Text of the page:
Canine Master Blog

The Dangers of Laser Pointers and Flashlights to Dogs

Over the years as a canine behaviorist I have had many experiences with dogs that have become obsessed with chasing shadows and light that reflect on the walls and the ground. Many times the dogs cannot function as normal pets.  They spend much of their day chasing, biting and scratching to get to these reflective images they see. I have seen dogs that scratch at the shadows on the ground until their paws start to bleed or they hurt themselves when they hurl themselves at a wall when they see a reflection of the lens from the owners watch.  These dogs are many times so focused on these images that they are lost in a world of their own and it is many times nearly impossible to get them back.  In most cases this starts with the owners playing with a laser pointer with the dog.  Unfortunately, it can take only one time of using the pointer and the dog now looks at all reflective and shadow images as a “prey item”.

The reason they become obsessed is that the dog becomes trapped in the “predatory sequence”.  All predatory animals follow a predatory sequence (eye, stalk, chase, grab, bite, dissect and consume).  Now some breeds of dogs have selectively been bred over many years to stop in certain parts of the sequence.  For example the pointer stops at  “stalk or Point”.  The retriever stops at the “grab”.  However for most dogs they need to follow through to at least the dissect part of the predatory sequence.  Dogs become obsessed when they can’t complete the sequence. We have all seen the squirrel-crazed dog that sits outside looking for that next glimpse of the tree rodent.  Most times they never catch that squirrel but on occasion they may get lucky.  We call many dogs  “ball crazed”.  Fortunately these dogs can complete the sequence as they grab the ball, chew it and then get to play the game again.  When owners use the Laser pointer or even a flashlight the dog gets trapped between the chasing and grabbing part of the predatory sequence.  They cannot grab a reflection or shadow. We have seen that this many times leads to CCD  (Canine compulsive disorder).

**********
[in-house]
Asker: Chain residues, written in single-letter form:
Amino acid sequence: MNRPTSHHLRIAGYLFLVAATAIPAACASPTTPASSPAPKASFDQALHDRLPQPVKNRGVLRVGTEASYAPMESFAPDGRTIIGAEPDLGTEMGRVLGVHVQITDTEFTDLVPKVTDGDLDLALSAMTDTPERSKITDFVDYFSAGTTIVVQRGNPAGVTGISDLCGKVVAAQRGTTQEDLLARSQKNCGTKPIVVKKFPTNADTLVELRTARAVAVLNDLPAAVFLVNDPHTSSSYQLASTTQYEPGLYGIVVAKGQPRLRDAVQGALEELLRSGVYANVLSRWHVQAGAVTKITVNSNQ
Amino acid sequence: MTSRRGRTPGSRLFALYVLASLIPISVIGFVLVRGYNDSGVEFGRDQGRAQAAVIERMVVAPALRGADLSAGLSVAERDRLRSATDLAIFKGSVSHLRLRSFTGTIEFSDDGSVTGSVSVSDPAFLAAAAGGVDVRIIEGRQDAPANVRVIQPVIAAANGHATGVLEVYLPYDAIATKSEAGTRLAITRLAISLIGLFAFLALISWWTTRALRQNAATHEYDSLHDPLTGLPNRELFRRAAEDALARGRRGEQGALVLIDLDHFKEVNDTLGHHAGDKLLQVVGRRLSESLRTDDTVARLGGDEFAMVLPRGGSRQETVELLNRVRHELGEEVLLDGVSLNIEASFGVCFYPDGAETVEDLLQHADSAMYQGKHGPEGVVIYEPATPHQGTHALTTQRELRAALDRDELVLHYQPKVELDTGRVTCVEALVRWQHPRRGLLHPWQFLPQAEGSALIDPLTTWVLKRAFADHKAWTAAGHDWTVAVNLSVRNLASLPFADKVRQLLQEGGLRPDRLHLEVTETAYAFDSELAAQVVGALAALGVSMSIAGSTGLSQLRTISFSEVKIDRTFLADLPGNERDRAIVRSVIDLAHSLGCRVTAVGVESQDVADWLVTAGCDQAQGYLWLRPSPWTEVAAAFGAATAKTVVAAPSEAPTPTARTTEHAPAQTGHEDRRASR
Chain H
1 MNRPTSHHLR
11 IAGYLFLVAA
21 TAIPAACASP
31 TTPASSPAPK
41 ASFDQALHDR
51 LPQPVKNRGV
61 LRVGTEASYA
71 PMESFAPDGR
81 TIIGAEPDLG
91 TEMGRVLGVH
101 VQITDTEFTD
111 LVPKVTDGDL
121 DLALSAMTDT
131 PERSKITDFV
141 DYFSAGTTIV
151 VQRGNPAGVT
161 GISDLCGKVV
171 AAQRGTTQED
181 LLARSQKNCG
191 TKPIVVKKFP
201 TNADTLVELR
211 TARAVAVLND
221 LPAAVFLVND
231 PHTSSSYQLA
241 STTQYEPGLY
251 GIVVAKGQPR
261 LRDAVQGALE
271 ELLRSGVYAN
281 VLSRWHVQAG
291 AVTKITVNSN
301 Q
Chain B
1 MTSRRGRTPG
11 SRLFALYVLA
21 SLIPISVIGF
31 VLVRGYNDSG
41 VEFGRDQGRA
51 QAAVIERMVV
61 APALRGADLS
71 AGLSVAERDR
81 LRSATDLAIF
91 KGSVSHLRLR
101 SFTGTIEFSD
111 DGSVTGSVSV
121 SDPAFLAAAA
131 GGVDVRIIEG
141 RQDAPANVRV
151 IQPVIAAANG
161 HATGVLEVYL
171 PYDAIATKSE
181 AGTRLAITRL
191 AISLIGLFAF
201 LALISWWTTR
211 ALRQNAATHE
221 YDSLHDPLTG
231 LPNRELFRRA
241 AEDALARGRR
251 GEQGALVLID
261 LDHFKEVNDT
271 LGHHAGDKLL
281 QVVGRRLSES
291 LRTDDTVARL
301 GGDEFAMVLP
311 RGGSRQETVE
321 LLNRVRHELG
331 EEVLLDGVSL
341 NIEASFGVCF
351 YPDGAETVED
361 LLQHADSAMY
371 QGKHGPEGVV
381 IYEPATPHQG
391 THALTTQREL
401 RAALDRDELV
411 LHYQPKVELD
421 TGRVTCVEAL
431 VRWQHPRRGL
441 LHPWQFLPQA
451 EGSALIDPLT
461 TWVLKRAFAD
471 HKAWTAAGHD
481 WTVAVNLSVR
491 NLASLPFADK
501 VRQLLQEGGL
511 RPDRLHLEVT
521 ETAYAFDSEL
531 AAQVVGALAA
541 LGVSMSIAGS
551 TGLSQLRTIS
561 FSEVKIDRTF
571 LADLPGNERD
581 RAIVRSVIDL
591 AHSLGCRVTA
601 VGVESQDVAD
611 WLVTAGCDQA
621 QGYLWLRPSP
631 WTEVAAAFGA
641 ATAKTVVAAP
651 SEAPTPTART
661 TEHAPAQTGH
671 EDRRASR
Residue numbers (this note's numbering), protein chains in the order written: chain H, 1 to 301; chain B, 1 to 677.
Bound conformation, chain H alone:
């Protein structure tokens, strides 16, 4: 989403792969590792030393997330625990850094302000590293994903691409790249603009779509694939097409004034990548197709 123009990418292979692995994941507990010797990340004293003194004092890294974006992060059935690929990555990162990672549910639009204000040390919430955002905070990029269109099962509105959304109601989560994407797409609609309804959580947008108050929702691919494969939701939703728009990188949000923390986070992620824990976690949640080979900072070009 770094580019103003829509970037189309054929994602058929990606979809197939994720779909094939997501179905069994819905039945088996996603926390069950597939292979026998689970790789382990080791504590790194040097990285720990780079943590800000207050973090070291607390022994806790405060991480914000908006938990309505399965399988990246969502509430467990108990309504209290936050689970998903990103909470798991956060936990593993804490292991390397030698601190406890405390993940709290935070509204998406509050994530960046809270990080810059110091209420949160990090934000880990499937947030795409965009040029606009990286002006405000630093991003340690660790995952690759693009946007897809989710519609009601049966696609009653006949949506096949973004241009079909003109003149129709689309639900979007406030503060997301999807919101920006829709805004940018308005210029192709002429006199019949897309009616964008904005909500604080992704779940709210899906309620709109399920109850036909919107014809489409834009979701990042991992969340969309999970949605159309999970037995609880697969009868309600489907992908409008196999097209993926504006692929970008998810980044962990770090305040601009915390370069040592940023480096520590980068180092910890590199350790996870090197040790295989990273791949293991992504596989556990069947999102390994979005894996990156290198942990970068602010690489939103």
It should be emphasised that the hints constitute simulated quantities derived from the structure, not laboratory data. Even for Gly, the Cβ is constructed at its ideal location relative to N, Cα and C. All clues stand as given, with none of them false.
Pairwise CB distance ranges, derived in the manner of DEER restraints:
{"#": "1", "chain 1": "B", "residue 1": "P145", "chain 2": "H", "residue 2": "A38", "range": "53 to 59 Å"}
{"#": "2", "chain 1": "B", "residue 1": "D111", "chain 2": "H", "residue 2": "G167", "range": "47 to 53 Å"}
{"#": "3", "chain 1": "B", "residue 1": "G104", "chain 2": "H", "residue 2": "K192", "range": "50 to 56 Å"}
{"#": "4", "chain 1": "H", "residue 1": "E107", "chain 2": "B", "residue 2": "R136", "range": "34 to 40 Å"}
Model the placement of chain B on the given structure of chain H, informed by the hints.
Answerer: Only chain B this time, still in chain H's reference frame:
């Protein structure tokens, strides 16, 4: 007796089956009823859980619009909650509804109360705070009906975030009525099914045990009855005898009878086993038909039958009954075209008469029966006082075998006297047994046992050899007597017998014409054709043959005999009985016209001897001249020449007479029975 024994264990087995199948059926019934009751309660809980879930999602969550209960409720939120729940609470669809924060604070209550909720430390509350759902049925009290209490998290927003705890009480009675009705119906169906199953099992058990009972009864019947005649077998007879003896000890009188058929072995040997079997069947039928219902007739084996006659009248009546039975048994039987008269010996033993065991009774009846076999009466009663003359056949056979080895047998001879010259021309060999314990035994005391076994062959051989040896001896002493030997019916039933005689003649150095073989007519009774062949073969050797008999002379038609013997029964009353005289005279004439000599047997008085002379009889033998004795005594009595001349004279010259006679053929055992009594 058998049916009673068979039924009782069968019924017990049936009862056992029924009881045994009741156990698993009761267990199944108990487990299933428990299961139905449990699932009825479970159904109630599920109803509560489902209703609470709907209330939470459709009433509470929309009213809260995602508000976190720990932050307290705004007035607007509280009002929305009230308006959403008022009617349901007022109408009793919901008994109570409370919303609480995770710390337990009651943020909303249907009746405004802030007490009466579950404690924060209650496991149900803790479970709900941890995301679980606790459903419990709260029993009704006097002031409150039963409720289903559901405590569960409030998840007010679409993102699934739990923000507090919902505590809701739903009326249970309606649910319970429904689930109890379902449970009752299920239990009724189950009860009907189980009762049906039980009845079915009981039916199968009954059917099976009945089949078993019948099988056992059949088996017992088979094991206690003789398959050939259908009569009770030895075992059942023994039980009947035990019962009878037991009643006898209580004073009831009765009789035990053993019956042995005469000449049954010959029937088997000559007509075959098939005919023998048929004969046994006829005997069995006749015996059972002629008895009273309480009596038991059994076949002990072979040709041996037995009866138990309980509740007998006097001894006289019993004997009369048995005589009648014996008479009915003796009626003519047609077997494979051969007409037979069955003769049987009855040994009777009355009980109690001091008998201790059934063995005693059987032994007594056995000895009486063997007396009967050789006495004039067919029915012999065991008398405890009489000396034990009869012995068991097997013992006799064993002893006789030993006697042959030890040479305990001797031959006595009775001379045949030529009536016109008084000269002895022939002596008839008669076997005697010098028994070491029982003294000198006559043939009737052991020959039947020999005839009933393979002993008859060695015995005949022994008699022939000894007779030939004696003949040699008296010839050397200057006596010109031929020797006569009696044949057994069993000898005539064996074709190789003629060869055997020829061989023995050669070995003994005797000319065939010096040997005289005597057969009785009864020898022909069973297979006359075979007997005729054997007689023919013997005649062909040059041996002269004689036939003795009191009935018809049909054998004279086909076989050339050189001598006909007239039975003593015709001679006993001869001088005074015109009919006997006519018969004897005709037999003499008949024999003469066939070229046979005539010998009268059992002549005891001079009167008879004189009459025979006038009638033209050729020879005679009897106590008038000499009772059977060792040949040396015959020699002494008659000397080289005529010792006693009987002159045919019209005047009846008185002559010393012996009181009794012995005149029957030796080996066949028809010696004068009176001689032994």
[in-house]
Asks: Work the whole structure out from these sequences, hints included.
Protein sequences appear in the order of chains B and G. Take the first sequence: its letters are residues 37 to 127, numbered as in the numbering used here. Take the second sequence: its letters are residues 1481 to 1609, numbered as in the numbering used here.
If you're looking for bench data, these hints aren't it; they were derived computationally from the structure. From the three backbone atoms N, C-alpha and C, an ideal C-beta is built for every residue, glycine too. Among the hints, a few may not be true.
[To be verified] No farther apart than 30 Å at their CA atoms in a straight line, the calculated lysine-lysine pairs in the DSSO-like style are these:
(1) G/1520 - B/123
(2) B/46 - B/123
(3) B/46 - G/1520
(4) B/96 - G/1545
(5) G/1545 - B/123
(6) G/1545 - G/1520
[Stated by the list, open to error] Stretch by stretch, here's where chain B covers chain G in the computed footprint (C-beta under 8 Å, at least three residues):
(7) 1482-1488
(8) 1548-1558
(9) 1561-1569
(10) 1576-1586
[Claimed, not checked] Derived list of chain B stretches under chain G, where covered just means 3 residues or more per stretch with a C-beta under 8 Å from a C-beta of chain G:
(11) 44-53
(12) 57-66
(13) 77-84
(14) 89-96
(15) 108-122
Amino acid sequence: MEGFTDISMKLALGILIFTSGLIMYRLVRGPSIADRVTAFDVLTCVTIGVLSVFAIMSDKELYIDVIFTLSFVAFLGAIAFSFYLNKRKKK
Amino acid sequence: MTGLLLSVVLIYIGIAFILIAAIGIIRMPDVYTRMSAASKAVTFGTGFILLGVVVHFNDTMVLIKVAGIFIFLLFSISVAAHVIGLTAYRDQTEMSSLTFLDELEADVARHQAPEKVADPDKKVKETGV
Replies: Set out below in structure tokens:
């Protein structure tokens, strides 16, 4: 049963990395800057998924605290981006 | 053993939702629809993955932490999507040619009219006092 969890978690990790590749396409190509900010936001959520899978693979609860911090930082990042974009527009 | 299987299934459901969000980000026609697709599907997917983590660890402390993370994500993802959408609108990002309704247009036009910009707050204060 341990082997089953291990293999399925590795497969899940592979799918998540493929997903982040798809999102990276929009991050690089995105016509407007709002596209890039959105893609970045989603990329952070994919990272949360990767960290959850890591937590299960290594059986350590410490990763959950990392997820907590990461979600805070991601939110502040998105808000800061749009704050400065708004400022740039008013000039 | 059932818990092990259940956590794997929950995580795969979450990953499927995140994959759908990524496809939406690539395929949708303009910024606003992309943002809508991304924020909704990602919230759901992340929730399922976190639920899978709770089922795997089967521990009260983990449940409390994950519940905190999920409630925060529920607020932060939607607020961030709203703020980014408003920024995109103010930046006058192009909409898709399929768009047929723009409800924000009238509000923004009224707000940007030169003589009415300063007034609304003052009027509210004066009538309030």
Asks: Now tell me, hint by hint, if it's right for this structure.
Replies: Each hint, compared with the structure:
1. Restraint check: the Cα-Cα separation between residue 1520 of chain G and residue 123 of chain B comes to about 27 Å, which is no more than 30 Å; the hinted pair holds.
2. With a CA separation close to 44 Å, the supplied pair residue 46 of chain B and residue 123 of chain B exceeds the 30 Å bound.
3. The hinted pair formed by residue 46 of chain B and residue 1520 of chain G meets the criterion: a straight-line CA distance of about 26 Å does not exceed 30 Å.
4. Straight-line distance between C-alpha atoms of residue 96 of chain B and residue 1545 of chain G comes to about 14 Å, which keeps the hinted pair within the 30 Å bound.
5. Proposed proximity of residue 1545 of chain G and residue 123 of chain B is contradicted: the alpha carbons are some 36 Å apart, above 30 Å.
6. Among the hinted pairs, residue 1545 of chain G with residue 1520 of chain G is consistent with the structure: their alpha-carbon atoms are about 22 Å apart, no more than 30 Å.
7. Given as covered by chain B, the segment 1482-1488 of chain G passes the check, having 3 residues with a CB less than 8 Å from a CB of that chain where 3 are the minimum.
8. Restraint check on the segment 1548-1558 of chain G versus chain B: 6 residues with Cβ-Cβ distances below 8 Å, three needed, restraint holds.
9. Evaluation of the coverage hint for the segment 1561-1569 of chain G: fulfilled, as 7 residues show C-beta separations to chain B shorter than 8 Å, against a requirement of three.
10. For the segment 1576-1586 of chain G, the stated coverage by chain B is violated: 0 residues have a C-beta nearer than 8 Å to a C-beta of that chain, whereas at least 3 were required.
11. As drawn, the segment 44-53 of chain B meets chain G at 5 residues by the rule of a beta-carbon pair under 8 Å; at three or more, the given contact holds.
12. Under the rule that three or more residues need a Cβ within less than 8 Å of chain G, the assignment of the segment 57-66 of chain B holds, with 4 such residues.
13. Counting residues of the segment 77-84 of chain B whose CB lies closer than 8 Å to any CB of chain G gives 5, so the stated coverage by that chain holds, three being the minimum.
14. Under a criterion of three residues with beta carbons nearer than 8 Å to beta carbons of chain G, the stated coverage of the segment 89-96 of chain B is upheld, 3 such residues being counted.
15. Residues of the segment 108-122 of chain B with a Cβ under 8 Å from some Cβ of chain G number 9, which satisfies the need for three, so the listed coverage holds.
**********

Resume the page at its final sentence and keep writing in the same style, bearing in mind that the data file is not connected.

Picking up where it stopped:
Years ago I was at a Pet Industry trade show and I saw a manufacturer who was making a laser pointer toy for both Dogs and Cats.  I had a long talk with the CEO about how actually dangerous this was for dogs.  The good thing is he seemed to listen to me and stopped marketing it for Dogs.  He still sells the toy for cats.  The interesting thing is that cats do not seem to become as obsessed as dogs and seem to be able to differentiate between a reflection and a real touchable image.

If you have made the unfortunate error of using a laser pointer on your dog, you should stop immediately.  The longer you use it, the harder it is to correct this behavioral problem.  I have had some luck over the years using different types of behavior modification techniques.  However, in some cases it could not be fixed.

Some dog owners have even gone so far as to euthanize their dogs to end the dog’s suffering. If you do have a dog that is trapped in the world of shadows and reflections, you understand how sad this can be.  Contact a Canine behaviorist that has experience and success in treating this very sad and avoidable condition.

 

 

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